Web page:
“If the user could always have access to the instructions on their medical apps, it would be beneficial for the safe use of the medical device. Just imagine a user having ten medical apps on their smartphone – it is very unlikely that somebody would always be carrying these ten instruction manuals (in paper format). That just doesn’t happen.”

Conforming to the regulations

There are other aspects of the regulations, too, that can provide logistical challenges for manufacturers.

There is an obligation for manufacturers to conduct a documented risk assessment covering the knowledge and experience of the intended users, and the operating environment for the device in order to use the e-labelled devices safely. However, there is no obligation for the hospital to inform the manufacturer when any of the evaluated conditions change.

Other safeguards include a guideline for manufacturers to provide a paper version within 14 days on demand.

“In terms of requirements, there is no major difference between e-documents and paper manuals,” says Most. “Manufacturers have to ensure that the caregivers – the doctors, nurses or whoever is using the medical device – have all the information they need to use the product in a safe way.

“All requirements present for paper documents must be met by electronic documents as well. So, for example, language requirements (such as translations) are the same for paper as they are for e-documents.

“The regulation requires that the instructions for use in electronic form shall contain at least the same information as the instructions for use in paper form. Obviously, if the scientific knowledge changes, manuals need to be updated and distributed to all users – safety is paramount.”

While there are printing, logistics and distribution cost benefits for e-labelling, it isn’t without its own distribution challenges.

“When manufacturers distribute the documents electronically, they need to ensure that these documents are received. When offering a download via an internet portal, manufacturers need to provide the various document formats and translations for all versions of their products. The manufacturer needs to track all of these activities, which can be challenging when considering the data-privacy requirements.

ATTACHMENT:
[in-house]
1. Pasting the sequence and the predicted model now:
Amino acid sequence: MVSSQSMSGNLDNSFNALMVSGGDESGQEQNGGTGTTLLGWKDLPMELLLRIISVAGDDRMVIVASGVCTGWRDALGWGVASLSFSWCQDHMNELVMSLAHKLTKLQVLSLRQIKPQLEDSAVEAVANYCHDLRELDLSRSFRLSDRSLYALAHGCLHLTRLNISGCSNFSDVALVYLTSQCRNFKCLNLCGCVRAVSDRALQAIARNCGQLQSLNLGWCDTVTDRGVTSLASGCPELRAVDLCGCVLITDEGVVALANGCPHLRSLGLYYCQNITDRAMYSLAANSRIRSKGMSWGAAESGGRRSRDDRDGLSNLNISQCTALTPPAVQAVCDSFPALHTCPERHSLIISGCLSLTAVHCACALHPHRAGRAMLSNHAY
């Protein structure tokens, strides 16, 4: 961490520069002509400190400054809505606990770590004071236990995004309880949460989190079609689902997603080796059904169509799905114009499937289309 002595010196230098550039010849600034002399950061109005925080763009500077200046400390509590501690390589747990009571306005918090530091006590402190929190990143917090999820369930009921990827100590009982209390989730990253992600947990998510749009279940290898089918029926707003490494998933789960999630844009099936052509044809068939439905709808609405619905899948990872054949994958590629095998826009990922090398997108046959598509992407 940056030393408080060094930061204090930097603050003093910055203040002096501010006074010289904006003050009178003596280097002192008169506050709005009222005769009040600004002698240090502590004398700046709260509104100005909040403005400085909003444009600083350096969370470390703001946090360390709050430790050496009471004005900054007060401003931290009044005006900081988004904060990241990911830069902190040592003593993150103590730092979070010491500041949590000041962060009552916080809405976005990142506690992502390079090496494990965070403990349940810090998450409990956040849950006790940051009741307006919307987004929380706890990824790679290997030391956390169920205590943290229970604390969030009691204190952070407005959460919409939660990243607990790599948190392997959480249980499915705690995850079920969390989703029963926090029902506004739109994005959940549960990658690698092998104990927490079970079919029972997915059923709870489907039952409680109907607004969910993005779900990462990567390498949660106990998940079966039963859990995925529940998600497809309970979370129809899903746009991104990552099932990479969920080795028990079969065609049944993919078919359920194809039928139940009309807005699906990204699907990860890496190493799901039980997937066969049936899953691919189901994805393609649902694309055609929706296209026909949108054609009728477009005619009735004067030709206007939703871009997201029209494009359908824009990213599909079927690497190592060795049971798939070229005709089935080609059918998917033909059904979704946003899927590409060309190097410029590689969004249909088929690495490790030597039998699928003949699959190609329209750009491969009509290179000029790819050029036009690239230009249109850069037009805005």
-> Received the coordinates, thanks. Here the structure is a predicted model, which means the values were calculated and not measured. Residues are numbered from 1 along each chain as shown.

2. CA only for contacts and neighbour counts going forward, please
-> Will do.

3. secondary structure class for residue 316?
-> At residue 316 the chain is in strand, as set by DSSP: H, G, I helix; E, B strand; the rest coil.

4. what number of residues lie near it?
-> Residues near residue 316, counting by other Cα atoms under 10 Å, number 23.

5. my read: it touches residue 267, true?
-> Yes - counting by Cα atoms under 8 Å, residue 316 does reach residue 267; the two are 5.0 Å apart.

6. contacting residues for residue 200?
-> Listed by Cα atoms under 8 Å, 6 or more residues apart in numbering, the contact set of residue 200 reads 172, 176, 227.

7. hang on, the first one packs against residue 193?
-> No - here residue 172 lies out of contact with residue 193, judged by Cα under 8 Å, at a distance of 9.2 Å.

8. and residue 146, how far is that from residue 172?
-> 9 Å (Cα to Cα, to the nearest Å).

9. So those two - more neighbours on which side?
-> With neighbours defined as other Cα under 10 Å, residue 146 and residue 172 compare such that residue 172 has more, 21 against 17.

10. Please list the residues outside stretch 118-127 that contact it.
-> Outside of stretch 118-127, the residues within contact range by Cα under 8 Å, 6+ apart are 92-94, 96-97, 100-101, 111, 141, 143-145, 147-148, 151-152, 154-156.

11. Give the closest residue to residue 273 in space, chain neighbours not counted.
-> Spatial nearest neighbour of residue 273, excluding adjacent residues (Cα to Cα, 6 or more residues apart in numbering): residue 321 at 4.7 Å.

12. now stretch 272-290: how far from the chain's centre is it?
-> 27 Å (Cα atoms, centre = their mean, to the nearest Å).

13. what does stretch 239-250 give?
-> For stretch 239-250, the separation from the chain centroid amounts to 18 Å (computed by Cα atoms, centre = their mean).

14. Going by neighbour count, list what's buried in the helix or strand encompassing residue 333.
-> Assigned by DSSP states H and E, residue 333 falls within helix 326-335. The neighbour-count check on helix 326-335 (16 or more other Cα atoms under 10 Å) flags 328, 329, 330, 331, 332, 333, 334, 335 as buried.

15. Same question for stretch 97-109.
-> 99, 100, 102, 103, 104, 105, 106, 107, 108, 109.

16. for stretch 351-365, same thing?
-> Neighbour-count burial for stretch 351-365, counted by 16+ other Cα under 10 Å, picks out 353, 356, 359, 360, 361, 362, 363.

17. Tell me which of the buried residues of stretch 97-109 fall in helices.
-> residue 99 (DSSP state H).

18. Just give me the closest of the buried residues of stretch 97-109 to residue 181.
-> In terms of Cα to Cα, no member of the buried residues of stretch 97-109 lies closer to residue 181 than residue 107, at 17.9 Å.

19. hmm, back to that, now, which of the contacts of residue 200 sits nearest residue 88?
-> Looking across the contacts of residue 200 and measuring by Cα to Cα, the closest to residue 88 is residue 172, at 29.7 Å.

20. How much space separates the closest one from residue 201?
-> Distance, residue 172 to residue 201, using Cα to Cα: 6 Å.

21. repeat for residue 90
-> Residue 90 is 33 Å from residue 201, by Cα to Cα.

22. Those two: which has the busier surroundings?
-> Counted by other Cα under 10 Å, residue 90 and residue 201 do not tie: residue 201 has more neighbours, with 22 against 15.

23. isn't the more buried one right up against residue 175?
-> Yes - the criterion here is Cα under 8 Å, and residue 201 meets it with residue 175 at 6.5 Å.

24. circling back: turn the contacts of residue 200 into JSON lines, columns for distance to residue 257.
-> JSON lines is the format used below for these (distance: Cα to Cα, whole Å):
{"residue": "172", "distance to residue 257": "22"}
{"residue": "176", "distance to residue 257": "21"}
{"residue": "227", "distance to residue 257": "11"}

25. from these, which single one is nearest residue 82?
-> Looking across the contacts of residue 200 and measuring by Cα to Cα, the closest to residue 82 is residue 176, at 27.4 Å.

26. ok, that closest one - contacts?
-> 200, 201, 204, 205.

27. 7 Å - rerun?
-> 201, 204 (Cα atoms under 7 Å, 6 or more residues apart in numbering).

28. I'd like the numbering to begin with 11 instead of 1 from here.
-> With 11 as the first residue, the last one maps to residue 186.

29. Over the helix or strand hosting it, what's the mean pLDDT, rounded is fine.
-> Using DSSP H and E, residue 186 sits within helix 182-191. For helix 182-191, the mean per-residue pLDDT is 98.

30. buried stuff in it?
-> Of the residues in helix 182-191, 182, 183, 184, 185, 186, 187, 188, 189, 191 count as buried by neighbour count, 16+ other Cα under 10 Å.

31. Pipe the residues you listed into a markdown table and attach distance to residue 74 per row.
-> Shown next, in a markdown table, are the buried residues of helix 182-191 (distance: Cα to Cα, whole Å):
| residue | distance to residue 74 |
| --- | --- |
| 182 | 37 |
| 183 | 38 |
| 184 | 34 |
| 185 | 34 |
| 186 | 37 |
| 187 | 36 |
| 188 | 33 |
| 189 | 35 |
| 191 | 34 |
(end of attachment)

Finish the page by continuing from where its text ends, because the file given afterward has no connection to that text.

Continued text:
“With software from an app store, an update of the user manual is potentially easier because manufacturers can push updates to their customers via the respective app stores.

“For some devices, especially when being serviced by the manufacturer, embedding the manuals in the device makes it easier to track which version of the manual is installed – and in what language – for each customer. However, based on the current regulations, paper manuals must be provided to the users on demand.

“In the current e-labelling regulation, there are several requirements that can’t be met by some of the currently available devices. For example, does the regulation require a sticker to be affixed to the product advising the users of the location of the instruction for use? However, with non-tangible devices like medical device software, this would not be possible.”

In such a fast-developing industry, Most says it will always be a challenge for regulators to keep up with current developments.